Move From Talk to Action, Please Join:

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  5. Bonnie,
    It’s very heartening to hear about this type of event; well done!

    Regarding the slow processes of activism which are so crucial to laying the ground for sea changes, earthworms are not the only metaphor drawn from natural processes.

    Another good one is earthquakes – underground pressure has to build up via geological processes over decades or centuries, before the potential energy stored suddenly erupts in a major repositioning of the earth’s surface.

    Additionally, one can do an experiment illustrating such processes: Build a sandcastle on the beach. Then fill a bucket with dry, fine sand. Hold the bucket above the sandcastle and slowly pour a thin line of grains onto one corner of the sandcastle. For a few minutes, a small block of new grains will build up and the main sandcastle structure will not move.

    But then, suddenly, without warning, the weight of all the small grains will pass a tipping point and the entire sandcastle will fall down and settle into a new arrangement totally unlike the old one. This example is analogous to activism against psychiatry over long periods – for most of that time, very little may appear to be happening as the slow drip, drip, drip of ideas and actions (a living version of the sand grains dropping onto the psychiatric sand castle) gradually affects one person at a time. But eventually a tipping point is reached and collectively more people begin to become aware and ask for change. This pressure can then threaten the whole sandcastle and house of cards that is psychiatry. That is what we can see happening at events like your Toronto talk.

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  6. One group which has really impressed me with its activism is Satanic Temple.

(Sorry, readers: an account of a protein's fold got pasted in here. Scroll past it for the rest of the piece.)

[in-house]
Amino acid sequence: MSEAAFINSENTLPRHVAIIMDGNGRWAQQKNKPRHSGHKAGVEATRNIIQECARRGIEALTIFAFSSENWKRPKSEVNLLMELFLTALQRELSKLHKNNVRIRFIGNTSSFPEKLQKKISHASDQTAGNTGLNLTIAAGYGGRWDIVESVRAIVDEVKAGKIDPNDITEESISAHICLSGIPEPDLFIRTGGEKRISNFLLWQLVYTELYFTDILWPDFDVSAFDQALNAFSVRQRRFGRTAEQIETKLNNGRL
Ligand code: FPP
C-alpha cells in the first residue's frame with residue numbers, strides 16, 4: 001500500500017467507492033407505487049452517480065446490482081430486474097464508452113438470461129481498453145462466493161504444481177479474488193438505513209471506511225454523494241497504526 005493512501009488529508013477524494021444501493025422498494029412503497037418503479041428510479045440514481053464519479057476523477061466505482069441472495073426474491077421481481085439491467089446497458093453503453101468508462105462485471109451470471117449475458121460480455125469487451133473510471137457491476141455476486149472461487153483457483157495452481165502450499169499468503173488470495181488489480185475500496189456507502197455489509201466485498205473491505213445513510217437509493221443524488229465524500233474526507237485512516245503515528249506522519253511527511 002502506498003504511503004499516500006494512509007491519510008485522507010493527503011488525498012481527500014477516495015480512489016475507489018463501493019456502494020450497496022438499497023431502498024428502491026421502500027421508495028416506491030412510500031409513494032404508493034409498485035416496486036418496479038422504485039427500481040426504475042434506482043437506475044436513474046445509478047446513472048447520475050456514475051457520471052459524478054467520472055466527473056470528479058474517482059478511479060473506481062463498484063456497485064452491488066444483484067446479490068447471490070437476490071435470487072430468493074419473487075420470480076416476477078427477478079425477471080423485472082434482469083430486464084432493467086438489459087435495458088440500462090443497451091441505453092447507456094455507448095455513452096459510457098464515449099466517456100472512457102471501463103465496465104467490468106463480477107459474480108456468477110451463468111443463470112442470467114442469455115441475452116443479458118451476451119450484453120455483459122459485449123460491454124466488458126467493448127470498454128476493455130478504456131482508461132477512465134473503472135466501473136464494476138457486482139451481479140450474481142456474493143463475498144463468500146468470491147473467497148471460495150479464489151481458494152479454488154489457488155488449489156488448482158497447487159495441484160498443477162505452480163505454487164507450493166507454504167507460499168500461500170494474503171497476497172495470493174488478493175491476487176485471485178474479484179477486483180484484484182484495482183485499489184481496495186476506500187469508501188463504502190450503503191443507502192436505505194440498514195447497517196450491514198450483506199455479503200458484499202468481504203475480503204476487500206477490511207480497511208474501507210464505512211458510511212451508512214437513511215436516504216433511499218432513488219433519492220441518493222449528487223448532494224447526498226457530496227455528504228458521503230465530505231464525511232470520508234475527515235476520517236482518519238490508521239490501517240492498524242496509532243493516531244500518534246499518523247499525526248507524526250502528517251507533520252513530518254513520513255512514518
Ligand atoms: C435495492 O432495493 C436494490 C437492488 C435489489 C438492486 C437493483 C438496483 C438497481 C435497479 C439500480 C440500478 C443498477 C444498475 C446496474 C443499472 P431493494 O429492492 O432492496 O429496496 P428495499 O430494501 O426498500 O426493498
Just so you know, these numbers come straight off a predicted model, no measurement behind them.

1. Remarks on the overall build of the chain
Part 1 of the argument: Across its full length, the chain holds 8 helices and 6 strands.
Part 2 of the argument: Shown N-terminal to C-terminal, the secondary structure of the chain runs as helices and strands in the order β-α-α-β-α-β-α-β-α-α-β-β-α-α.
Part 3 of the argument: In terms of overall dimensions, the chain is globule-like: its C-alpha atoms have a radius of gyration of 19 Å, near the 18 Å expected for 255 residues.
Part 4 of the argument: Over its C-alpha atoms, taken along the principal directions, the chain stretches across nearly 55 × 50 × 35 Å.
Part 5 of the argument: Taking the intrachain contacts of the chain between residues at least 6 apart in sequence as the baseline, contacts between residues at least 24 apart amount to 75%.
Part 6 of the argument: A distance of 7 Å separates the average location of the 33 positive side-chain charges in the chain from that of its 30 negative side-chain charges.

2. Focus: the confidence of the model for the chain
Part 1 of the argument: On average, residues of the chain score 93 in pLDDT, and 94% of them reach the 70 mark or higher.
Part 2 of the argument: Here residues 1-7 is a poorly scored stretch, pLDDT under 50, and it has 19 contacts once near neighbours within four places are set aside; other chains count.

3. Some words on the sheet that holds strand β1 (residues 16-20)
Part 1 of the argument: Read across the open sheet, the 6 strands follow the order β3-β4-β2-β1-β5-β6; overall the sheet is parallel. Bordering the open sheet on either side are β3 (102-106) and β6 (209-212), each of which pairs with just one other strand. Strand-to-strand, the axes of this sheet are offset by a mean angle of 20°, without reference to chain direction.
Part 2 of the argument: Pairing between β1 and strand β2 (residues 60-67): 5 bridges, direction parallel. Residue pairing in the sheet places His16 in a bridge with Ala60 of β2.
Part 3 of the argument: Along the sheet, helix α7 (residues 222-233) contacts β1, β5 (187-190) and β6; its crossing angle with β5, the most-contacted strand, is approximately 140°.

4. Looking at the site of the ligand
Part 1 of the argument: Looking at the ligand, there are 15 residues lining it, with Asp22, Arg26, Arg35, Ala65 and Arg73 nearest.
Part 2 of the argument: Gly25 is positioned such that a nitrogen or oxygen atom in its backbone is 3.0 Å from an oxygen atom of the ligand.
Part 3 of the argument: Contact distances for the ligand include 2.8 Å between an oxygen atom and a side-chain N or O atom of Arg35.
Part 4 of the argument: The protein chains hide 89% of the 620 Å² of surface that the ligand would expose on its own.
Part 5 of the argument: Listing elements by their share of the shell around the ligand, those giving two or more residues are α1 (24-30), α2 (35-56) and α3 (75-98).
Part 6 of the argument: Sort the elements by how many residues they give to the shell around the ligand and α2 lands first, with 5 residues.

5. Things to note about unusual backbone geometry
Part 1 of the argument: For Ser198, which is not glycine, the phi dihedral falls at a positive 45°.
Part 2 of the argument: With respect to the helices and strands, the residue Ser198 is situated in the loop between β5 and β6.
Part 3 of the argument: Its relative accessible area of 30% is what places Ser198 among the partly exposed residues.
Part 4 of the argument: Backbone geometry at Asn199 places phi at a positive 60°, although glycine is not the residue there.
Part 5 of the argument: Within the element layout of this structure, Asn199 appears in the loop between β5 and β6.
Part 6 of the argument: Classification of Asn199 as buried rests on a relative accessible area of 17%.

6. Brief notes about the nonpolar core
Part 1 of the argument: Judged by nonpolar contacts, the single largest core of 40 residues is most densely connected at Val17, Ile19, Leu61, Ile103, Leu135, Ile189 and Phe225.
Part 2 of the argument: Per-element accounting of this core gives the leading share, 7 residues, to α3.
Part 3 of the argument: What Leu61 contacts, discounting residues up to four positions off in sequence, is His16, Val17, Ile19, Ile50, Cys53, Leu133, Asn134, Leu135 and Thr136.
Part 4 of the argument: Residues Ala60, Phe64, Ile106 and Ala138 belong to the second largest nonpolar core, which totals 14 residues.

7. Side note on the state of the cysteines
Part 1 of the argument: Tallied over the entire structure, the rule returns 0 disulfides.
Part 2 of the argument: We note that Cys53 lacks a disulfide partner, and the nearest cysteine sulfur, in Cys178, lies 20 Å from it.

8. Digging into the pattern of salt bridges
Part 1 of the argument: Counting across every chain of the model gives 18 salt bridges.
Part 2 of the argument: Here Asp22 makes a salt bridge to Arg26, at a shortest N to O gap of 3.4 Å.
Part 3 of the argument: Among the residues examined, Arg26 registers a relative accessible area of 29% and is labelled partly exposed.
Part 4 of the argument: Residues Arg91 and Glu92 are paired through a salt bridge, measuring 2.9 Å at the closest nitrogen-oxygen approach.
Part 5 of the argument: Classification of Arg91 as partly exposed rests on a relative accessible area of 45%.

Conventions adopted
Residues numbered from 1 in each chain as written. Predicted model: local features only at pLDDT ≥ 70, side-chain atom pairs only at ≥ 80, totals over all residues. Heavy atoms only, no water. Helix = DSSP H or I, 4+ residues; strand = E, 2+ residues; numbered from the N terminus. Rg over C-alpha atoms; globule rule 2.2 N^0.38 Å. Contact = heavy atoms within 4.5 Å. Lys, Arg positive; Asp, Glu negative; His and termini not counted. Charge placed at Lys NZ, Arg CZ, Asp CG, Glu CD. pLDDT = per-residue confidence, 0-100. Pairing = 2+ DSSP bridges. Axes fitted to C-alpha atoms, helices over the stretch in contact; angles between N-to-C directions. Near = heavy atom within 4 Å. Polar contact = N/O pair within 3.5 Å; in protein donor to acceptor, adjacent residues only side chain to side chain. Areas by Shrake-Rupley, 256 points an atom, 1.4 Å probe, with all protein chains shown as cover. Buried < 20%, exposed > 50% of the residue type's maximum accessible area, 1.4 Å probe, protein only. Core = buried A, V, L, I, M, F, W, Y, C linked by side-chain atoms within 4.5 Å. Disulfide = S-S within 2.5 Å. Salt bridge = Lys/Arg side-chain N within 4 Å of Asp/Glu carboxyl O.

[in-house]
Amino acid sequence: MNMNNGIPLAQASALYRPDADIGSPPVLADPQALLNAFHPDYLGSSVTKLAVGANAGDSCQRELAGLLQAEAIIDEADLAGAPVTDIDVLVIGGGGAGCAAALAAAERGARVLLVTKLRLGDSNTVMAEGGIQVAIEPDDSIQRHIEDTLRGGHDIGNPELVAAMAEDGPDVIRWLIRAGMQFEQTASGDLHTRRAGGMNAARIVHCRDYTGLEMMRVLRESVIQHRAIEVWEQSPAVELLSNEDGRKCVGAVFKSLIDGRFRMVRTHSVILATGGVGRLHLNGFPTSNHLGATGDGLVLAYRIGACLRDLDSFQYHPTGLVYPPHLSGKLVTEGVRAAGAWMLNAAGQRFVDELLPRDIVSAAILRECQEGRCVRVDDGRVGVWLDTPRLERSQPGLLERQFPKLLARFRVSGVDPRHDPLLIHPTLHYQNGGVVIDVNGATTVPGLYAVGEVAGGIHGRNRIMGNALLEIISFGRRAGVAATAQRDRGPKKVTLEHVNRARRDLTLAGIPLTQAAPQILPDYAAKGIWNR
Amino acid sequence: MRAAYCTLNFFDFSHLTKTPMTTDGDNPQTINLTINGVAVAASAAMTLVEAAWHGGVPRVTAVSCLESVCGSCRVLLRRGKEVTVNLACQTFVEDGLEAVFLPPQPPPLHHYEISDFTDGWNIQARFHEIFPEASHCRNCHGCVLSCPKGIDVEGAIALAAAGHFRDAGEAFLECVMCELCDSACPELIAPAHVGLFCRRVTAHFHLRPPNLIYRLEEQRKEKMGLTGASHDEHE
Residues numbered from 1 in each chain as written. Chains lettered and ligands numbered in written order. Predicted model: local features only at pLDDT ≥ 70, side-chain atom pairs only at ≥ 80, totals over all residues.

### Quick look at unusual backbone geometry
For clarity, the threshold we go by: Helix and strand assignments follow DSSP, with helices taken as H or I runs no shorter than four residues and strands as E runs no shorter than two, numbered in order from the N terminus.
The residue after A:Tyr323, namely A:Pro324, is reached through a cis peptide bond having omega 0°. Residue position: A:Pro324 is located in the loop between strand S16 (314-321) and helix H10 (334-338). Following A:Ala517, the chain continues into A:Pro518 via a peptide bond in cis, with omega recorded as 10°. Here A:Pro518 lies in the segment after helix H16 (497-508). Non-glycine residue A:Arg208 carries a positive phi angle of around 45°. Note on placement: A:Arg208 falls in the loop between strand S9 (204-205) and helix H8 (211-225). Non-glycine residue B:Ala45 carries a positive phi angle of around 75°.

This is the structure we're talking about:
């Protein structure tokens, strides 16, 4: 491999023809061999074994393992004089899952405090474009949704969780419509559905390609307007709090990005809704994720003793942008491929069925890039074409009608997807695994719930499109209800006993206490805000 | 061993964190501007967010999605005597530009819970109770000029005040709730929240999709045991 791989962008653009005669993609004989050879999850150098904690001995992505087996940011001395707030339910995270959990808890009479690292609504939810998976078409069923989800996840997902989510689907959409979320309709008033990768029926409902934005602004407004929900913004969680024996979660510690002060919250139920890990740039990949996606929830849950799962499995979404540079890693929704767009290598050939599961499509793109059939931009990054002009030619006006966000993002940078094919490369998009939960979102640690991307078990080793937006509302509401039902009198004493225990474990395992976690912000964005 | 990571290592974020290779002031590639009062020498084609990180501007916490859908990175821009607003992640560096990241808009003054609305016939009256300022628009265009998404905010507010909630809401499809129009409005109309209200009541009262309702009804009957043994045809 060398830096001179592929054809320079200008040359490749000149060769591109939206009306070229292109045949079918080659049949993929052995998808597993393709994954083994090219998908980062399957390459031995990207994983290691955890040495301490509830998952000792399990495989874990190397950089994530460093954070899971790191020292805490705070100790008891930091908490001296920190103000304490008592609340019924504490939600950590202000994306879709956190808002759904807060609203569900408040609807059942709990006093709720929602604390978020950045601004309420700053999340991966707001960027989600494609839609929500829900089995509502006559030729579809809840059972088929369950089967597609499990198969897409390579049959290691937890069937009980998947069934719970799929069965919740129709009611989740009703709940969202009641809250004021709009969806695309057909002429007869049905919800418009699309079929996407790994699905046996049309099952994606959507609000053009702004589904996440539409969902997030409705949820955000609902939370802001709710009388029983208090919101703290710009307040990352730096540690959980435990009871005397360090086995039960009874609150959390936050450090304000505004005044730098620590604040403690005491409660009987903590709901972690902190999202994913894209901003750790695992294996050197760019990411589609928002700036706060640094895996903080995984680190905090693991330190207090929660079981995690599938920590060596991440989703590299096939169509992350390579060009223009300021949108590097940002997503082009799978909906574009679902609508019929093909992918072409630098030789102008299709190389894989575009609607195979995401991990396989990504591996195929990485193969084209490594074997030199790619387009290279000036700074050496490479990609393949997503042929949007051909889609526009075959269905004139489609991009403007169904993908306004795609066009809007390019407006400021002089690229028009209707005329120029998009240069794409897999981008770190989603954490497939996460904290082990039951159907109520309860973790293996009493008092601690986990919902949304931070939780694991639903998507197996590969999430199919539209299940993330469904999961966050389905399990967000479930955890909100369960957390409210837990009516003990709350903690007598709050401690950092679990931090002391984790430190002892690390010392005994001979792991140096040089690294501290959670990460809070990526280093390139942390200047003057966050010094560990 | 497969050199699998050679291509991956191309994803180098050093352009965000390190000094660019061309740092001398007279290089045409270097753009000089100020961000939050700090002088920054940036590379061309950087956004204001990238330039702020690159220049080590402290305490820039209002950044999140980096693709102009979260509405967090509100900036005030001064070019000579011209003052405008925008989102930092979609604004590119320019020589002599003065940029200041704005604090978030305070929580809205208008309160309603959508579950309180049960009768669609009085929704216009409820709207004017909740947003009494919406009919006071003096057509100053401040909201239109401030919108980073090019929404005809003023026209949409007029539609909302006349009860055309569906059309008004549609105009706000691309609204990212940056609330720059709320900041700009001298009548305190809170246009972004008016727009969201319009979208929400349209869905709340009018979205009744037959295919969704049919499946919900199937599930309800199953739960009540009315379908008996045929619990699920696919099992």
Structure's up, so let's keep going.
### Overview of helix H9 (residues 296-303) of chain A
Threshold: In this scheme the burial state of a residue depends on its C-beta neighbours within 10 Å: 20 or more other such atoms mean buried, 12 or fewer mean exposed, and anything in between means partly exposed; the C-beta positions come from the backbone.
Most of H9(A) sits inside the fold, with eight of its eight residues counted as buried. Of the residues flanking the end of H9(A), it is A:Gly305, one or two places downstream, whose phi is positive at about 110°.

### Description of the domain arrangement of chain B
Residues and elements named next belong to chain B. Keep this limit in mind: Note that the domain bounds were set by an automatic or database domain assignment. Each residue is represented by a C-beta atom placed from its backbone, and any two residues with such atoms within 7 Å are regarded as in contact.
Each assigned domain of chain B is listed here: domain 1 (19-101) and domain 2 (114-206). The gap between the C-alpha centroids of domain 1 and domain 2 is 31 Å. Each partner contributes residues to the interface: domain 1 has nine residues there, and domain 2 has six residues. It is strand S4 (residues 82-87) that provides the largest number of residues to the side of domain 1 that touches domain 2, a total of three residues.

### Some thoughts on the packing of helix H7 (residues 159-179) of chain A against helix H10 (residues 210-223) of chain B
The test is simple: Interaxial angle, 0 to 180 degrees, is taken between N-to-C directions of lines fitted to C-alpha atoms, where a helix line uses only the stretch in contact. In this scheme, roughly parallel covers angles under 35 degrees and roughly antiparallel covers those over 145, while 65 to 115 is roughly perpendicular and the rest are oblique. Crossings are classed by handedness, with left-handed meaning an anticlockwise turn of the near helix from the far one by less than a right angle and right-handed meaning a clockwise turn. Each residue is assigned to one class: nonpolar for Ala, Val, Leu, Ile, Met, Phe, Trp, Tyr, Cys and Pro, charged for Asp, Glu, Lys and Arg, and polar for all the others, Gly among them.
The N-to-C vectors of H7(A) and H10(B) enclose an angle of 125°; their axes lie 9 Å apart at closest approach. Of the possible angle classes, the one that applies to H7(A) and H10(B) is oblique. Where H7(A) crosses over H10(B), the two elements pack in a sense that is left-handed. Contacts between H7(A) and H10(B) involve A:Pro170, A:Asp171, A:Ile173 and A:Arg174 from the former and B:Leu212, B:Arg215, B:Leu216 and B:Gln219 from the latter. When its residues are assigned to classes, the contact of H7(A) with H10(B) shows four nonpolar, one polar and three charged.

Now here they are dealing with corporal punishment in schools, and not as done by parents. But it would be a very small step to shift their efforts to the doings of parents. And also, they are acting to stop school corporal punishment, even when parents have signed a consent form.

    And two big points of note, they are teaching children to stand up for themselves, to claim a religious exemption, and to send a letter to the school board, and to carry a card with them.

    And then if they have trouble with school admins or teachers, the card says that besides calling 911 and news media, they should call Satanic Temple.



    So if you have been marginalized, you don’t restore your social and civil standing through Psychotherapy, Recovery, or Healing. No, you establish social and civil standing by engaging in principled conflict!

    So say you or I were marginalized by how we were treated in school, or by how our parents only had children to give themselves a legitimated social identity, and so they made us into the scapegoat, or say it was because of racial or religious prejudice.

    No matter, you cannot restore your social and civil standing with Psychotherapy, Recovery, Healing, or Religion. If you want to have back some of what was taken from you, then you have to engage in principled conflict with real people.

    So, lets come up with similar things to what Satanic Temple is doing. It could pertain, to children, adults or both. How about a religious objection to psychiatry and psychotherapy? Administrators receive a similar warning letter. People carry cards, if our organization is called, things happen.

    We cannot hope to intercede in every injustice. But if we want to change anything, if we want to have our own social and civil standing back, then we have to engage in some types of visible and principled conflicts.



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      • Oldhead, are you high on something right now?

        Satanic Temple, no matter what you may think of that name or idea, they are teaching kids to stand up for themselves and refuse to accept corporal punishment.

        This is a new group, nothing to do with Anton LaVey, and it always sides with the marginalized and vulnerable.

        We should be doing the same, teaching adults and children to refuse Psychiatry and Psychotherapy.

        Most of the time when it is applied involuntarily it is being directed at the poor, at children, or at convicts. At least that is what I know.


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  7. And thank you Bonnie for calling for the protection of children.

    We who have been marginalized do not restore our status with Psychotherapy, Recovery, Healing, or Religion. We restore that status by organizing and engaging in principled conflict.